Savour the rustic charm of the Hilltops wine region and extend your stay for the orchard landscapes, olive groves and sweet cherry country.
This region welcomes offers big culinary delights, from juicy wines to prize-winning meats. The area, encircling the Young township, is familiar with growing bright summer fruits, and their vineyards are no exception. This region may sit under the radar, but it’s not one to overlook. Hilltops offers a wide range of wine styles, including great examples of shiraz and cabernet sauvignon that thrive in the cool climate. While those reds are among the signature varietals, other styles shine too, particularly chardonnay.
In addition to the region’s incredible wines, don’t miss its produce – think mustard producers, cheese, local honey and more. In the warmer months, be sure to coincide your stay with top local festivals and bustling farmers’ markets.
James Halliday on the Hilltops
Australia may not have been a melting pot to challenge the US in the 19th century, but it was most certainly multicultural, thanks in part to the gold rush decades. Gold brought Nichole Jasprizza from his native Croatia in 1860, but he prospered by selling the gold miners their daily needs and planted vines in the area. In 1880 he sponsored three nephews to come to Australia to join the business, and by the early years of the 20th century they had won prizes at the Sydney Wine Show and extended the vineyards to 240 hectares.
Grape growing and winemaking continued in the area until the World War II, when labour shortages curtailed activities; by 1960 the vineyards were so neglected they were removed and cherries planted in their place.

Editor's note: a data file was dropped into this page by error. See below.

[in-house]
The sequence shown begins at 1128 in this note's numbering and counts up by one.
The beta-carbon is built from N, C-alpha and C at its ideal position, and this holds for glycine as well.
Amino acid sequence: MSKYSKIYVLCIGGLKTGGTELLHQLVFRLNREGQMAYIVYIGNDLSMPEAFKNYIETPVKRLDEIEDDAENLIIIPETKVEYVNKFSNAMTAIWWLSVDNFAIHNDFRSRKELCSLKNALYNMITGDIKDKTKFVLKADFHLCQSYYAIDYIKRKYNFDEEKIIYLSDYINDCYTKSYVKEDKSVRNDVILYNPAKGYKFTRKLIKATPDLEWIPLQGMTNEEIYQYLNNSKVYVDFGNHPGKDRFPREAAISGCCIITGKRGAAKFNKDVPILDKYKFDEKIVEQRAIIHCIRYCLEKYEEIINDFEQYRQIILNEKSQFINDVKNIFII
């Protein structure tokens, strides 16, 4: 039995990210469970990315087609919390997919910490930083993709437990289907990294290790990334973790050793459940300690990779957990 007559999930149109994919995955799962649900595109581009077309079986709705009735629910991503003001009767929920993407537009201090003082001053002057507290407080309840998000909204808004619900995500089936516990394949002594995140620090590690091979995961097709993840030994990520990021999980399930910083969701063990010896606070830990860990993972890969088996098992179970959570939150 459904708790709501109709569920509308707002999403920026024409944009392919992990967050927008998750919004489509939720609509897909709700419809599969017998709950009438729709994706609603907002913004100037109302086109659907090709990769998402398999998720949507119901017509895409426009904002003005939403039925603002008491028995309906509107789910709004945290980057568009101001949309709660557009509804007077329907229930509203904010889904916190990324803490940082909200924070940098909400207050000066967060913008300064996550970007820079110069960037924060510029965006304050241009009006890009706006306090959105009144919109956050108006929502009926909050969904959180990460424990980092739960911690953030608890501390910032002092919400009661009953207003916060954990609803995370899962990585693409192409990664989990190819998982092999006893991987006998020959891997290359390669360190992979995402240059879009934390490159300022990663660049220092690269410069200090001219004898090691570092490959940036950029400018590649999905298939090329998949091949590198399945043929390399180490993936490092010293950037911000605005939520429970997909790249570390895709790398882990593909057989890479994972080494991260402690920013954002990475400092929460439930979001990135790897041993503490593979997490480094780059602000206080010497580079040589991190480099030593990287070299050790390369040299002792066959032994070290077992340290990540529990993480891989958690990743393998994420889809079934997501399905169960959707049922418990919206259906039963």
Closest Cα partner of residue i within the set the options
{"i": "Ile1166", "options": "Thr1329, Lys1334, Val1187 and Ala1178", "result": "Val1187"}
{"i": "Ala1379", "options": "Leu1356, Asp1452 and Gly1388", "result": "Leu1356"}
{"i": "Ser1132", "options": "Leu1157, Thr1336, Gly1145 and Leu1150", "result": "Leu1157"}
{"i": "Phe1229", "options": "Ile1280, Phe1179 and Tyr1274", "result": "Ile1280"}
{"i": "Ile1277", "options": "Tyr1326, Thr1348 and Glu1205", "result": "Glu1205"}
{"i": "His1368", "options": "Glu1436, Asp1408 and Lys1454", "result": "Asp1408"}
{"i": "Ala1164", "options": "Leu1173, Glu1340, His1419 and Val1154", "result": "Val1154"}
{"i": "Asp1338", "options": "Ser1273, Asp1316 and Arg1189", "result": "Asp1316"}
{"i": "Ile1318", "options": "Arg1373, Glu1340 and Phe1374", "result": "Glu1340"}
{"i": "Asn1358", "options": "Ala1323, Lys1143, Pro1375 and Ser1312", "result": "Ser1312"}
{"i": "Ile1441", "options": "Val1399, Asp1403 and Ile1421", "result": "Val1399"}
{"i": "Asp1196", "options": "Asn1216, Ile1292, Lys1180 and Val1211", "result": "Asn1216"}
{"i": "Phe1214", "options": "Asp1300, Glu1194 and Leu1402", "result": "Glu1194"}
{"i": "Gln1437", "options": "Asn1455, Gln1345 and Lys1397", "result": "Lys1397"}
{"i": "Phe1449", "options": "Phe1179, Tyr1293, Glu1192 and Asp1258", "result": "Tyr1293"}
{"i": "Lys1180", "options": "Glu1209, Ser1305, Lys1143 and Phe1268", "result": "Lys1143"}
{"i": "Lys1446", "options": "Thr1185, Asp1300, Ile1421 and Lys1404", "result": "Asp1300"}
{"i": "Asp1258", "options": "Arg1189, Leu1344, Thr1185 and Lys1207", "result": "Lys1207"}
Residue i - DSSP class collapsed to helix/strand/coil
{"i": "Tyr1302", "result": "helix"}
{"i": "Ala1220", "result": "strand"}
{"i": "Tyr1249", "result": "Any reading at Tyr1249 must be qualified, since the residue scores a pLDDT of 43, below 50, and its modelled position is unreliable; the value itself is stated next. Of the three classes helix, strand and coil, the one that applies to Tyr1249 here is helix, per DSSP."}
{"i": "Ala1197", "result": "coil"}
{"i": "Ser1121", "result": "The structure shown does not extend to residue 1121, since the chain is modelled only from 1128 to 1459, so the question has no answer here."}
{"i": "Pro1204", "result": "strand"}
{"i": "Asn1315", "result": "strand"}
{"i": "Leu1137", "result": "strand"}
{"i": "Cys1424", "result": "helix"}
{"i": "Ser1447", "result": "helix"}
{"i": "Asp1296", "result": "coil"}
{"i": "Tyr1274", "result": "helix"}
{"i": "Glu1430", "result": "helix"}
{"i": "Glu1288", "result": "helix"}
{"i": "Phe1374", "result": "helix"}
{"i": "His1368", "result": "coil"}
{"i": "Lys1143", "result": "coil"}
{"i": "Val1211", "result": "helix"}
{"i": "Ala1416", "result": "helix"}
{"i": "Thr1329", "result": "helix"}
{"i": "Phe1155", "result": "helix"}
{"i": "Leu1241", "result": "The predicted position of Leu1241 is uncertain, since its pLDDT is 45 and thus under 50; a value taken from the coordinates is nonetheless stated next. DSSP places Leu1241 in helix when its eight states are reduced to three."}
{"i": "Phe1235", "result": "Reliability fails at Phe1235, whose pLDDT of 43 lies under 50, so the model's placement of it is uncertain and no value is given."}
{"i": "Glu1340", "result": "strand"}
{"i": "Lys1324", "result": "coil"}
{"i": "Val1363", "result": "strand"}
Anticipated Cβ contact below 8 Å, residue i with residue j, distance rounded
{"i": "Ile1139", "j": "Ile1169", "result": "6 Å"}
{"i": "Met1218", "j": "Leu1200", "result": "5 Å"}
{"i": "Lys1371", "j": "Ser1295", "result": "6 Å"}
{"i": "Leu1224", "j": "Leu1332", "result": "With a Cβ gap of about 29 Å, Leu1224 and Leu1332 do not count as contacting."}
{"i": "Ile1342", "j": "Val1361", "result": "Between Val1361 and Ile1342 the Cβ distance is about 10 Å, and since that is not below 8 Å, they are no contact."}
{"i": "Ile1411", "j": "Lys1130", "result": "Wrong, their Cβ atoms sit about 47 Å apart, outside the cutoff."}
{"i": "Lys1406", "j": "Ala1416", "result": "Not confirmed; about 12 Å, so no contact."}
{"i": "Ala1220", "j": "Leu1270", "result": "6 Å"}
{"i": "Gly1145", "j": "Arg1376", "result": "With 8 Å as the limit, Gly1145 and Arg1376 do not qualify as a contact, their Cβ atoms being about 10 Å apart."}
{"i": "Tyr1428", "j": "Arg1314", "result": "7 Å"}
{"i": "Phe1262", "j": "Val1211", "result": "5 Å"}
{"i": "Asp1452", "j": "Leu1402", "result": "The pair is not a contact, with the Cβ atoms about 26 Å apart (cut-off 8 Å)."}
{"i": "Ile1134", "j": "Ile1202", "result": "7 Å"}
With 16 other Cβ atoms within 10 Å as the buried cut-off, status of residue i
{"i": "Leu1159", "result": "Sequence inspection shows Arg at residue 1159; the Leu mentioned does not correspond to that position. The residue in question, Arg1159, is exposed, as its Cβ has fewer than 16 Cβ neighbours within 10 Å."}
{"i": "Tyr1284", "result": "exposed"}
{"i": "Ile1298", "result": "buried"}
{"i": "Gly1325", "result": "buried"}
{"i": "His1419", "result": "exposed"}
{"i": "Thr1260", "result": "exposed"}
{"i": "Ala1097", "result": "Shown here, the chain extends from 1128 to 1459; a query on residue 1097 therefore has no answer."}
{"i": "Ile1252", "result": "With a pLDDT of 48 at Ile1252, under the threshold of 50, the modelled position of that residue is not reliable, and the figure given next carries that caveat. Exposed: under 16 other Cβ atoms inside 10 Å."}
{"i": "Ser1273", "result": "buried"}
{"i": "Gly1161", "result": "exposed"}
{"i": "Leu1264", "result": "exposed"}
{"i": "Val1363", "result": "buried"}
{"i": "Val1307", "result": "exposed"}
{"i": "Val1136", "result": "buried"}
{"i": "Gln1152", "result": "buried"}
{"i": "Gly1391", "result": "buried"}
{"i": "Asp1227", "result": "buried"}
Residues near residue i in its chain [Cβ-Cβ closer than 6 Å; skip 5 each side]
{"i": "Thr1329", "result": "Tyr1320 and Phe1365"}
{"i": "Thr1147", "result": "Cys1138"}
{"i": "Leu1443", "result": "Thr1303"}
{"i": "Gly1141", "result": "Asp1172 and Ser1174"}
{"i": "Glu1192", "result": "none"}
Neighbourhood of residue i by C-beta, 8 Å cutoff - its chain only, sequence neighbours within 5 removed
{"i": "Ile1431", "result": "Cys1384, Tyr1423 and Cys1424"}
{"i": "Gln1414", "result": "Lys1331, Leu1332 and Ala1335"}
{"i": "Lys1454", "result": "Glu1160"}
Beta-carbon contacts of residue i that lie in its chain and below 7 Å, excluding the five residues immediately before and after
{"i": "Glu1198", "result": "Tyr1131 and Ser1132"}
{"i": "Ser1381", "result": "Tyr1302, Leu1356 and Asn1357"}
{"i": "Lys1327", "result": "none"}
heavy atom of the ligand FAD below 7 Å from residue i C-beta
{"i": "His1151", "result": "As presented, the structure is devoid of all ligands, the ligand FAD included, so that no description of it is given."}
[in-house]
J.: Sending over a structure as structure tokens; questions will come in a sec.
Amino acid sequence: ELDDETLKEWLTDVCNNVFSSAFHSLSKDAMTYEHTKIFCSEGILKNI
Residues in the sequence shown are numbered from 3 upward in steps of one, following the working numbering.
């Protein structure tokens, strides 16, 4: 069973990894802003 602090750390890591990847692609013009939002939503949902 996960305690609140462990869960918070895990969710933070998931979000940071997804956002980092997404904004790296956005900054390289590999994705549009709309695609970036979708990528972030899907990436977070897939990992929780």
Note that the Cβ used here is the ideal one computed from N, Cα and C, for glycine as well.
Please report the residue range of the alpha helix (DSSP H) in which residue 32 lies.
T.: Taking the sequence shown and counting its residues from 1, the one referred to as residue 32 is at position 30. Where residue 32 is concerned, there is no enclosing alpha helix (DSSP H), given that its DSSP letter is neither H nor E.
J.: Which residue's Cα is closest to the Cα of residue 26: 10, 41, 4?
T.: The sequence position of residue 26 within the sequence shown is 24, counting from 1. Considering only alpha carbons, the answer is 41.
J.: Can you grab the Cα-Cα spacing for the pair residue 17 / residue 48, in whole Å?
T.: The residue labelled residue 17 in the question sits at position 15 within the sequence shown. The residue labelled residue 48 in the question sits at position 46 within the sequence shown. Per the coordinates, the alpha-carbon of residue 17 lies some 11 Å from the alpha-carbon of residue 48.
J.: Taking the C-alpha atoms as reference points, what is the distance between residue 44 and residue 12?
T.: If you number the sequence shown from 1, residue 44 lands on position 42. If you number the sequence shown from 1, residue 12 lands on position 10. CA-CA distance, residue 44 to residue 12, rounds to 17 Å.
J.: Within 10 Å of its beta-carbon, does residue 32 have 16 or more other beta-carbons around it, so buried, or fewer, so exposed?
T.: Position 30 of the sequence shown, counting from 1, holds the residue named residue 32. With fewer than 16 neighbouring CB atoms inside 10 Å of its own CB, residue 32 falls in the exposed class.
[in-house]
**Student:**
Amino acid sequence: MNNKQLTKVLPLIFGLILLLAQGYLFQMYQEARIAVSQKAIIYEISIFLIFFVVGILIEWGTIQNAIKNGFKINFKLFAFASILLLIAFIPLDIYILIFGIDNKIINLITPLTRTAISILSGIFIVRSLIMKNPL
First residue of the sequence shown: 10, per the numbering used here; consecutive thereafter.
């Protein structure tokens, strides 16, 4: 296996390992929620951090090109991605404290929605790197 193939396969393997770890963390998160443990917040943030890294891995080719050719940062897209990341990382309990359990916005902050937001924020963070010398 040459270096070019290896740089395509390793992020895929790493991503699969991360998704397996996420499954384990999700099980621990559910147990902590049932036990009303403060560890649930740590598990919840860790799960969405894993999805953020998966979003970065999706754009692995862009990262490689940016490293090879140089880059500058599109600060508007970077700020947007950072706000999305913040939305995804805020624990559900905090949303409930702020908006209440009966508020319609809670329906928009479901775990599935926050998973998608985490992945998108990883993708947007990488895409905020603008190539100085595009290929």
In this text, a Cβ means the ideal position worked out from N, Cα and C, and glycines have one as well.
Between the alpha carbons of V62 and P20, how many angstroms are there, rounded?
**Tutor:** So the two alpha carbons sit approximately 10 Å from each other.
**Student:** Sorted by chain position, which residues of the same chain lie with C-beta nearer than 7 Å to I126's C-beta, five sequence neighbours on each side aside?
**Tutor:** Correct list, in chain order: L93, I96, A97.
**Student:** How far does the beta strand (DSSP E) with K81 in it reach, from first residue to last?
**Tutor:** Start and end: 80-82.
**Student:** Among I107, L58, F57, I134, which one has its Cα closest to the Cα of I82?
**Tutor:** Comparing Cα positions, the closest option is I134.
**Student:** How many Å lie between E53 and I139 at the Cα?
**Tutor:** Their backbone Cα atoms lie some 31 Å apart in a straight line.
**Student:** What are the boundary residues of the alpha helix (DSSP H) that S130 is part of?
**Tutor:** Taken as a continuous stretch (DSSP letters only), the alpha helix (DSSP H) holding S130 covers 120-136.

Only nine years were to pass before the late Peter Robertson, together with sundry members of his family, commenced the establishment of his Barwang vineyard in 1969. It was a substantial farming property, with grape growing and winemaking a minor diversification from the core grazing activities. When McWilliam’s acquired the 400-hectare property in 1989, only 13 hectares were planted to vines – although even then it was by far the largest vineyard in the region. McWilliam’s has since increased the plantings to over 100 hectares, while Grove Estate Vineyard has 55 hectares. There are now over 400 hectares in bearing throughout the region.
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Late March to May
MARGARET RIVER wines to try
White | 2017
Grove Estate Murringo Way Hilltops ChardonnayGrove Estate Wines
White | 2017
Grove Estate Single Vineyard Hilltops SemillonGrove Estate Wines
Red | 2016
Grove Estate Think Outside the Circle Hilltops Cabernet SauvignonGrove Estate Wines
Red | 2016
Grove Estate Sommita Hilltops NebbioloGrove Estate Wines